Coming to Terms With Restructuring

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Lekan Fatodu

Whether Nigerians like it or not, the restructuring of the polity will be the defining issue in the general elections in 2019. Everywhere you turn now, both offline and online, the conversation is all about restructuring.

This discussion has been vigorously amplified such that it has become a buzzword with varying meanings to those who truly know the imperative of restructuring and those who don’t seem to quite understand. But they must, in any way, lend their voices to the reigning concept about the polity.

Undoubtedly, many Nigerians are talk-experts in virtually everything, but most are bereft of solutions. So it is not surprising that the issue of restructuring has become a cuisine that every Jack and Jill can claim expertise to prepare. This is just the way it is.

At every point of political transition of a nation the populace should demonstrate spirited frustration on big issues such as the afflicted health system, poor education sector, bad infrastructure, high level of poverty and such other matters. In Nigeria however, the politicians and exploiters of our ethno-religious differences always find emotive concepts that will get the masses worked up unnecessarily while those matters of national urgency remain on the backburner.

Like a good friend recalled, there wasn’t really any strong point in terms of promising manifesto to market candidate Jonathan during the 2011 presidential election than the emotional tale of a boy who had no shoes to go to school in and rose from a minority ethnic group in one of the remotest parts of Nigeria to aspire for the highest office in country. Therefore, he should be given the opportunity to serve as a remarkable case-study of “possibility”. Hence Jonathan won and inspired a generation and also elevated the spirit of possibility.

But whether Jonathan’s presidency was commensurate with the type of desirable governance and leadership that Nigeria earnestly needed or not is a subject of diverse opinions out there.

Similarly, candidate Buhari in 2015 succeeded in winning millions of hearts and minds essentially on his personal integrity and long aversion for corruption. Of course, fighting corruption is a very important cause in the bid to move Nigeria forward, but this must be supported with viable socio-economic programmes. That said, so far, how this battle against graft has impacted the lives of ordinary Nigerians since President Buhari’s assumption of office in May 2015 remains a hot topic in the public square.

Interestingly, while the need for Buhari to throw more vitality into the economy in a way similar to his resolution to rid the country of corrupt practices remains a hot topic, we have swiftly shifted to restructuring and different shades of Nigerians have become so obsessed with the new political theme such that it’s being adorned with variant colours and colourations as suitable for various contexts.

Clearly, there is a great confusion around the restructuring debate which has made a few discerning minds conclude that instead of the call for true reorganisation of Nigeria’s system to suit popular desires it will end up as a mere term exploited for political advantage and to win election.

It is therefore not unusual to hear, in the midst of these varying ideas, those canvassing for the restructuring of minds, restructuring of regions, restructuring through resource control and others who are seeking the balkanisation of the nation so as to allow every part to face their separate destinies.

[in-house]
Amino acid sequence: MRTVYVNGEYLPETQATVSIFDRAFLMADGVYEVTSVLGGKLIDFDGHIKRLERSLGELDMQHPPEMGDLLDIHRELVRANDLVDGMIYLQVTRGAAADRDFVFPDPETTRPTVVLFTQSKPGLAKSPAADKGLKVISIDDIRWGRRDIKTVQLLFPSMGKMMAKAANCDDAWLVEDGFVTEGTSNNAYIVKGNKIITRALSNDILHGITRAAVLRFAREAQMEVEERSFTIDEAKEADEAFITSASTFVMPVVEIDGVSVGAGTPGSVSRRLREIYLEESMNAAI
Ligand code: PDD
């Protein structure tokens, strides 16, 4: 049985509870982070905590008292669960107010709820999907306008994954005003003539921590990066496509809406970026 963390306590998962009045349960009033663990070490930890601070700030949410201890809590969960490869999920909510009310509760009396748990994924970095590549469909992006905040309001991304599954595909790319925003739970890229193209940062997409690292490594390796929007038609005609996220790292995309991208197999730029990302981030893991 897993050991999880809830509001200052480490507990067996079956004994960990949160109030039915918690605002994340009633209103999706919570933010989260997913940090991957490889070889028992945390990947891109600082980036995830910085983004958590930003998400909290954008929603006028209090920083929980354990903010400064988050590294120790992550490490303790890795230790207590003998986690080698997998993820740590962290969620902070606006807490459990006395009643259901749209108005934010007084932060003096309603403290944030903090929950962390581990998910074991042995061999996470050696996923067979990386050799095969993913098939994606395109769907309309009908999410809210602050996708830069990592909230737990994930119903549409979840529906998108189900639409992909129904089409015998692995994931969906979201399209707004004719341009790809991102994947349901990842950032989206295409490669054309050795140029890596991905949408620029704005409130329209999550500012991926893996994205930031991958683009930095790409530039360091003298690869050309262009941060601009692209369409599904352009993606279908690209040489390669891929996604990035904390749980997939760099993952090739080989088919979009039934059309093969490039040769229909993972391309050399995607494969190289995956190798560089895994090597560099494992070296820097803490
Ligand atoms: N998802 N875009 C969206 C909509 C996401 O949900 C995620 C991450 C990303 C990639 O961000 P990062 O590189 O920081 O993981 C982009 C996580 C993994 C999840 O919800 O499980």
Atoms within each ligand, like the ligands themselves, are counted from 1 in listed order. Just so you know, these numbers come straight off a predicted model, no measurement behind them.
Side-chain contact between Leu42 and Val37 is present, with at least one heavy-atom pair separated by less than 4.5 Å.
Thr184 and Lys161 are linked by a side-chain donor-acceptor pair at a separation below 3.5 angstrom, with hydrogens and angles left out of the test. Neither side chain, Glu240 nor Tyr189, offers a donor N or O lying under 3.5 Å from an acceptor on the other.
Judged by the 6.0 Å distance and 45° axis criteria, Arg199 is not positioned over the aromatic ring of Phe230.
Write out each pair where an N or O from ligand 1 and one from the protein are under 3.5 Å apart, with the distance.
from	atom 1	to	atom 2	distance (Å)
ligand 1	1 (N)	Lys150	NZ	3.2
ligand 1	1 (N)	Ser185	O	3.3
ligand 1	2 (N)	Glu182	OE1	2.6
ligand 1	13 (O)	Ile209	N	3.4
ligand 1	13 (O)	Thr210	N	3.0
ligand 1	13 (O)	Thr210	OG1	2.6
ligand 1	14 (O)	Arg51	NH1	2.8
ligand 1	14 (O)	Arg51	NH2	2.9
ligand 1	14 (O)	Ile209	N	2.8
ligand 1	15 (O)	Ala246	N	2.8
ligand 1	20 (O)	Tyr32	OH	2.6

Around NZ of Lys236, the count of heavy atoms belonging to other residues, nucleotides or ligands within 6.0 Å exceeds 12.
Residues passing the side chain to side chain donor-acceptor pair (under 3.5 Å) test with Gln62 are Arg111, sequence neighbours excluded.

Meanwhile, President Buhari almost scored a political own goal when, in his first broadcast to Nigerians upon his return from his medical vacation in the UK, he stated that, “Nigeria’s unity is settled and not negotiable.” And the president also added that “The National Assembly (NASS) and the National Council of State are the legitimate and appropriate bodies for national discourse.”

Following this statement, many got riled and felt the President was talking down on the people and withholding the freedom of the people on the idea of restructuring, a now highly sensitive political talk.

However the acknowledgment of the authority of the NASS, which was reported had previously not been accorded sufficient regard by the presidency, may have helped to save what would have amounted to a noted political slip-up.

And in an interesting happenstance, a respected politician from Lagos State and an All Progressives Congress (APC) member of House of Representatives, Hon. JideJimoh was on Channels TV’s Politics Today where he shed more light on the restructuring discussion and the statement of the president from the perspectives of the legislature.

With a brilliant defense, which also looked like a strong emphasis for the presidency to come to terms with the reality of the main political issue on the table, Jimoh affirmed that Buhari never said that there will not be restructuring; that the president only stated that the unity of Nigeria was not negotiable.

In the same vein, Jimoh stated that he and his colleagues at the NASS will reevaluate growing agitations for restructuring of the polity and galvanise support in collaboration with the presidency and all stakeholders in making sure that all the elements of the idea are presented for the good of all Nigerians.

Bottom-line is, the earlier the presidency welcomes the noise on restructuring and take necessary steps in charting a better course for Nigeria, and inevitably, for the ruling APC to deepen its political capital, the better.